SHAPE MEMORY ALLOY BASED SAFETY LATCH

Nicholas W. Pinto, Suresh Gopalakrishnan, Chandra S. Namuduri, Nancy L. Johnson, and Mark Vann General Motors, Warren, MI

General Motors has invented a device that indicates when an unsafe level of energy remains in an electrical panel box after the main power has been disconnected. Possible sources of this energy may be incorrect wiring, external device add-ons, and the presence of residual charge from capacitors. The device works by engaging a safety latch mechanism built with shape memory alloy (SMA) technology along with an audio or visual alarm.

The SMA Secondary Safety Latch and Lock mechanism is engaged when the main power disconnect lever of the machine is pulled. When the mechanism is engaged, any charge on the power lines would conduct current and resistively heat the SMA actuator. The actuator contracts when heated, engaging the locking pin and making it impossible to open the panel door. This alerts the operator that energy still remains inside the box.

The SMA actuator and the indicator (for example, LED or buzzer) could also act as current loads and drain any capacitive residual charge. When the charge is removed or depleted, the SMA actuator cools and is reset by the biasing spring, unlatching the lock and indicating to the operator that the panel is safe to access. The system may also include an optional bypass mechanism so that the system can be serviced in special situations by trained individuals.

One unit can be used with a wide range of AC or DC voltage applications, and no external power is needed for operation. The SMA Secondary Safety Latch and Lock mechanism is robust, inexpensive, and compact. Applications include safety switches for power distribution panels, industrial control panels, household HVAC, and other service panels in energy applications.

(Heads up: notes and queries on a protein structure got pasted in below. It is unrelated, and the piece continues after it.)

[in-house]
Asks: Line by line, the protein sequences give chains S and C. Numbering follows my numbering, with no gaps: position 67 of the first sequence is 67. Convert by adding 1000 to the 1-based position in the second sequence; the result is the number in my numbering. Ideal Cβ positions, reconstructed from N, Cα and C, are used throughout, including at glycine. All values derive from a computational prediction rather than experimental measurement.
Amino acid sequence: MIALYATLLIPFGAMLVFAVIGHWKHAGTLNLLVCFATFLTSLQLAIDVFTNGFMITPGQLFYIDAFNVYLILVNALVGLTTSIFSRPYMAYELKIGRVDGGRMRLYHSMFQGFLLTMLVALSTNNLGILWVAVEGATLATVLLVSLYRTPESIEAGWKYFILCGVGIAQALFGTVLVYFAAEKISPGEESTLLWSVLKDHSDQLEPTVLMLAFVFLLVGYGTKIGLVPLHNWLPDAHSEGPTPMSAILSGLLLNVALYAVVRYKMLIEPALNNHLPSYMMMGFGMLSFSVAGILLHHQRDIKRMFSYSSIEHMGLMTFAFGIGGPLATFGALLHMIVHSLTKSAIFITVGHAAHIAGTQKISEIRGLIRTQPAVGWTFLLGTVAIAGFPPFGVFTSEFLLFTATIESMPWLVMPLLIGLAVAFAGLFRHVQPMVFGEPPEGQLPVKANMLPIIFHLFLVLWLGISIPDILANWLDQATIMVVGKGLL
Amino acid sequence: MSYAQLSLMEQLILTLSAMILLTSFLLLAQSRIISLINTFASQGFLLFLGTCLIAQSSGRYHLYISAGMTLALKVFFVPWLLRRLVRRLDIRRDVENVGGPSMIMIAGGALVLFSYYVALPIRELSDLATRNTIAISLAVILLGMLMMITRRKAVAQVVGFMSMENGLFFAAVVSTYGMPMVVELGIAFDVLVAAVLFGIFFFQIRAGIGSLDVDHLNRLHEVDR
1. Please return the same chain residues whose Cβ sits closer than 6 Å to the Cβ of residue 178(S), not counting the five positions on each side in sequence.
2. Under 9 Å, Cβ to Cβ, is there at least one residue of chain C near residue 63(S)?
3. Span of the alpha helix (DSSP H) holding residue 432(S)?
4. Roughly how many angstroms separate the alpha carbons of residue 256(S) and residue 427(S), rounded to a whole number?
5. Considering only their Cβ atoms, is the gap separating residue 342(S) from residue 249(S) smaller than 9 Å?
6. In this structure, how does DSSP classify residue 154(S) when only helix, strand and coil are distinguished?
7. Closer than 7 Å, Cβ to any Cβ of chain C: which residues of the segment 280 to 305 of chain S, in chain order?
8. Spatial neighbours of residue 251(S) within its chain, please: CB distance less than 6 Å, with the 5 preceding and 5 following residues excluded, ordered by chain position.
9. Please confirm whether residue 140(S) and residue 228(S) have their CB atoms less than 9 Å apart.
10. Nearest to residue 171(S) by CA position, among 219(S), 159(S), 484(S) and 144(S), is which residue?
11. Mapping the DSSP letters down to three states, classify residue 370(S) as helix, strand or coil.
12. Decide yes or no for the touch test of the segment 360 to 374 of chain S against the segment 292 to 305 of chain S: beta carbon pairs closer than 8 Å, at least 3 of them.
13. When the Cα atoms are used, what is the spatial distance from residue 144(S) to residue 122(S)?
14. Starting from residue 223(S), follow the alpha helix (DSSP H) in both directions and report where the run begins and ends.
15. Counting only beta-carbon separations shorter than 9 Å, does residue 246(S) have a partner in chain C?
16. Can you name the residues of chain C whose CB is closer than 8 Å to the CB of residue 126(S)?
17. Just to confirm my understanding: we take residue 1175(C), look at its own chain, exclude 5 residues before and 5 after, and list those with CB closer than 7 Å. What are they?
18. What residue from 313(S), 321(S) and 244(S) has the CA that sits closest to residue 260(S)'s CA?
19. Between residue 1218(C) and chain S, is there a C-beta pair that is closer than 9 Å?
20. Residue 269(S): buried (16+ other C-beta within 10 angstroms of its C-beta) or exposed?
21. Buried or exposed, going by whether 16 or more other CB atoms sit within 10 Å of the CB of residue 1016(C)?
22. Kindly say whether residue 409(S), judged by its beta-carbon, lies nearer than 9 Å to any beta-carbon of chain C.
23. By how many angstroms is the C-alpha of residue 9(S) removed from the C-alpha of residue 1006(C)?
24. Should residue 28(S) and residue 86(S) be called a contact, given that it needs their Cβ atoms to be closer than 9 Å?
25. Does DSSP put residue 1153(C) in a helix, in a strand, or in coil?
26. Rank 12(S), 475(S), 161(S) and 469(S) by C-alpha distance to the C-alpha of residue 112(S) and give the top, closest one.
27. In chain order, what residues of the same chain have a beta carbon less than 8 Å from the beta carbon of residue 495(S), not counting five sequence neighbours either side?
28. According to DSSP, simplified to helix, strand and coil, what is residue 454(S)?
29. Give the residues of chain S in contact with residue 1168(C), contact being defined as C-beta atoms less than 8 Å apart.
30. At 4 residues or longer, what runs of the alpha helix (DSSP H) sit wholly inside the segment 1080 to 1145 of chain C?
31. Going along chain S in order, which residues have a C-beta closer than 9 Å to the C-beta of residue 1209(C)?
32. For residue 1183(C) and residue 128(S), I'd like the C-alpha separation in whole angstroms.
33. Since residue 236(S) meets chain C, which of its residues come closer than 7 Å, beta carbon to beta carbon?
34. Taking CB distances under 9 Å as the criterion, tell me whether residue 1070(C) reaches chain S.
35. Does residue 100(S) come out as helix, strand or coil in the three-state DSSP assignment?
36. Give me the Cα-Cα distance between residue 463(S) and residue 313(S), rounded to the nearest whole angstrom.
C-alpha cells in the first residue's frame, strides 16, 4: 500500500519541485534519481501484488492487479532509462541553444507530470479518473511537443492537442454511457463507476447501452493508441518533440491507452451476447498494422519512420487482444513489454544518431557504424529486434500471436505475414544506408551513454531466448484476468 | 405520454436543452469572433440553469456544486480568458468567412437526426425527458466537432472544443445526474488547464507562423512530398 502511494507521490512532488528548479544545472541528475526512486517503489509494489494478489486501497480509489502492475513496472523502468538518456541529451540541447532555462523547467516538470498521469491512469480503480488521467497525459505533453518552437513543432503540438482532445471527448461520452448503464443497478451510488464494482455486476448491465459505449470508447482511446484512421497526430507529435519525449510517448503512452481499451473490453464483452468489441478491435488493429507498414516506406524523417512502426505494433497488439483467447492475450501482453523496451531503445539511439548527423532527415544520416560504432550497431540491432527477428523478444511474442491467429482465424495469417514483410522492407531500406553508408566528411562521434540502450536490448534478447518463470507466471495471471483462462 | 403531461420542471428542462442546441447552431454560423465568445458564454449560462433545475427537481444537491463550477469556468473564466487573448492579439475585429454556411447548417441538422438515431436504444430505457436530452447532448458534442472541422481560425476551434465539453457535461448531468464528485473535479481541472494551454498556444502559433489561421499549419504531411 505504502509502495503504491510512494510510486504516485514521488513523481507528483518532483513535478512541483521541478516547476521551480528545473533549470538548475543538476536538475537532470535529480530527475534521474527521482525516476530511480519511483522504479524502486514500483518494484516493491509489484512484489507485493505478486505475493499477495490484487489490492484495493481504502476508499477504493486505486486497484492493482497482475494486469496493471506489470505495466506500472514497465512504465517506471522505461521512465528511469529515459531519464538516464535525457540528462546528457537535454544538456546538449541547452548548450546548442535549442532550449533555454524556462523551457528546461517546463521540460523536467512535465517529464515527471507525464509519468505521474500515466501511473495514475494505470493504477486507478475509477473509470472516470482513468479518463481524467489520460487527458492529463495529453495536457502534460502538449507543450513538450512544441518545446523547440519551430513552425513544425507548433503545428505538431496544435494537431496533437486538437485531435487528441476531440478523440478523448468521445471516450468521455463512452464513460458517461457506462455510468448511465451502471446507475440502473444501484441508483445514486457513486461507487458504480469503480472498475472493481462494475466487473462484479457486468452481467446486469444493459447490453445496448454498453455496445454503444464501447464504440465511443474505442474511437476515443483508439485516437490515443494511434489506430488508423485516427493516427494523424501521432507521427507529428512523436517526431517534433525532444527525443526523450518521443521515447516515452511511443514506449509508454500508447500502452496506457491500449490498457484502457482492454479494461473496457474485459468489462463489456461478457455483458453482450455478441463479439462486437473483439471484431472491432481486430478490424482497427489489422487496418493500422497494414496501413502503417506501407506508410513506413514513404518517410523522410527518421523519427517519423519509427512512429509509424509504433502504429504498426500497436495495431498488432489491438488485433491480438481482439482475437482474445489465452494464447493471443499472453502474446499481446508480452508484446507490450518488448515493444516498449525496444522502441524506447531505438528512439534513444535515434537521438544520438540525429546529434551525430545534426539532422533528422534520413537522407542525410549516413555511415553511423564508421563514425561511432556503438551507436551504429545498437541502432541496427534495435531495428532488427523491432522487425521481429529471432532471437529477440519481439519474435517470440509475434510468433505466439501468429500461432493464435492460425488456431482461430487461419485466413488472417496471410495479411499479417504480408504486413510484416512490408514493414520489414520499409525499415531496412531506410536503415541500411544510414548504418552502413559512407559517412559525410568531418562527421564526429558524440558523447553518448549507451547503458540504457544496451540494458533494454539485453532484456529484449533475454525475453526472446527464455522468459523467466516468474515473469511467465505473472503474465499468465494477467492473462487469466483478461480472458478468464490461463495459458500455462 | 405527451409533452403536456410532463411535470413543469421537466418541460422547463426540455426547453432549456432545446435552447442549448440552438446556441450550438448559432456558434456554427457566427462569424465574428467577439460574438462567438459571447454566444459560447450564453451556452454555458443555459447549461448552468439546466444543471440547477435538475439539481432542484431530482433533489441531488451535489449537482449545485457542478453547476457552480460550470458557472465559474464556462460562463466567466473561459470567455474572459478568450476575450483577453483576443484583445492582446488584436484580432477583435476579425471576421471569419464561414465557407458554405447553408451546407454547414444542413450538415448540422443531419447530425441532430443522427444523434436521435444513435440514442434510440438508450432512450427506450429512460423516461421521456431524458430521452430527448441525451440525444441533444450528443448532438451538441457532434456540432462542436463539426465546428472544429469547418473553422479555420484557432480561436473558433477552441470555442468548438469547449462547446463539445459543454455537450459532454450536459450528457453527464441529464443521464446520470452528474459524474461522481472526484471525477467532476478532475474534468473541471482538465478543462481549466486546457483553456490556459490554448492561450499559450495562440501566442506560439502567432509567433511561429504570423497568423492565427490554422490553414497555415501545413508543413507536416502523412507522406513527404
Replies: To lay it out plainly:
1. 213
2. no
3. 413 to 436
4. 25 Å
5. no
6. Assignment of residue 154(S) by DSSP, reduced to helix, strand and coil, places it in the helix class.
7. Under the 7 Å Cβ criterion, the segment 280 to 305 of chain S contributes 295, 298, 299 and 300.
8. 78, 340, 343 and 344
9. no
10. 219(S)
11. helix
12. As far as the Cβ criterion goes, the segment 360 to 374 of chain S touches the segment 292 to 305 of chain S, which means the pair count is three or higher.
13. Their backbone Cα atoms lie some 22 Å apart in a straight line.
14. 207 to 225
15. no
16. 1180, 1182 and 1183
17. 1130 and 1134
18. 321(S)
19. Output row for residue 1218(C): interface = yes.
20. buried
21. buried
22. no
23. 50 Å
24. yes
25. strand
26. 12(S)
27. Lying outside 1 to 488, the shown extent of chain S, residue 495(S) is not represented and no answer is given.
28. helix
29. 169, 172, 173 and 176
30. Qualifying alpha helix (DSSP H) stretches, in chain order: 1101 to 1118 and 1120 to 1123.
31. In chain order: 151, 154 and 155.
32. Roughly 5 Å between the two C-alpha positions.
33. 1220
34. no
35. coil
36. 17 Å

For more information, visit http://contest.techbriefs.com/machinery_winner2016 

HONORABLE MENTIONS

Augmented Reality in Manufacturing

Jake Stevens, Paul Ryznar, Bill Coe, Will Sommerville, Eve Ryznar, and John Morelli, OPS Solutions, Novi, MI

The Light Guide augmented reality system aids workers by projecting visual display features (VDFs) onto a work surface for operator guidance. It consists of proprietary software, a touchscreen human-machine interface, a PC, and a specialized digital light processing projector.

For more information, visit http://contest.techbriefs.com/reality 

“The 3rdArm” — A Wearable Robotic Limb for Augmenting Human Abilities

Roozbeh Khodambashi and Gil Weinberg, Georgia Tech, Atlanta, GA

The 3rdArm general-purpose assistive platform can be used to restore lost function or add new functionality to able-bodied people, amputees, and patients diagnosed with conditions such as brain stroke, MS, or Parkinson’s disease. The technology was initially used to build a wearable robotic limb that allows drummers to play with three arms.

For more information, visit http://contest.techbriefs.com/3rdarm 

ARGEE Technology Turns I/O Devices into Field Logic Controllers (FLCs) for Flexible, Cost-Effective Control

Paul Gilbertson, Turck Inc., Plymouth, MN

With ARGEE, manufacturers can add logic to compatible I/O devices to create field logic controllers without a PLC, driving down the cost per I/O point and increasing flexibility in control. Because the I/O devices carry advanced ingress ratings, logic can move outside the control panel and onto machines.

For more information, visit http://contest.techbriefs.com/argee 

Gearing the Future — Reluctance Magnetic Gear

Alexandru Sorea, Allan Ivo Søegaard, Flemming Buus Bendixen, Henrick Rasmussen, and Peter Kjeldsteen, Sintex A/S, Hobro, Nordjylland, Denmark

Sintex magnetic gears achieve non-contact, magnetic transmission of torque from one drive to another. The design uses one magnet with a magnetization parallel to the shaft axles, whereas other magnetic gears require many magnets that are difficult to assemble and maintain.

For more information, visit http://contest.techbriefs.com/gearing 


NASA Tech Briefs Magazine

This article first appeared in the November, 2016 issue of NASA Tech Briefs Magazine.

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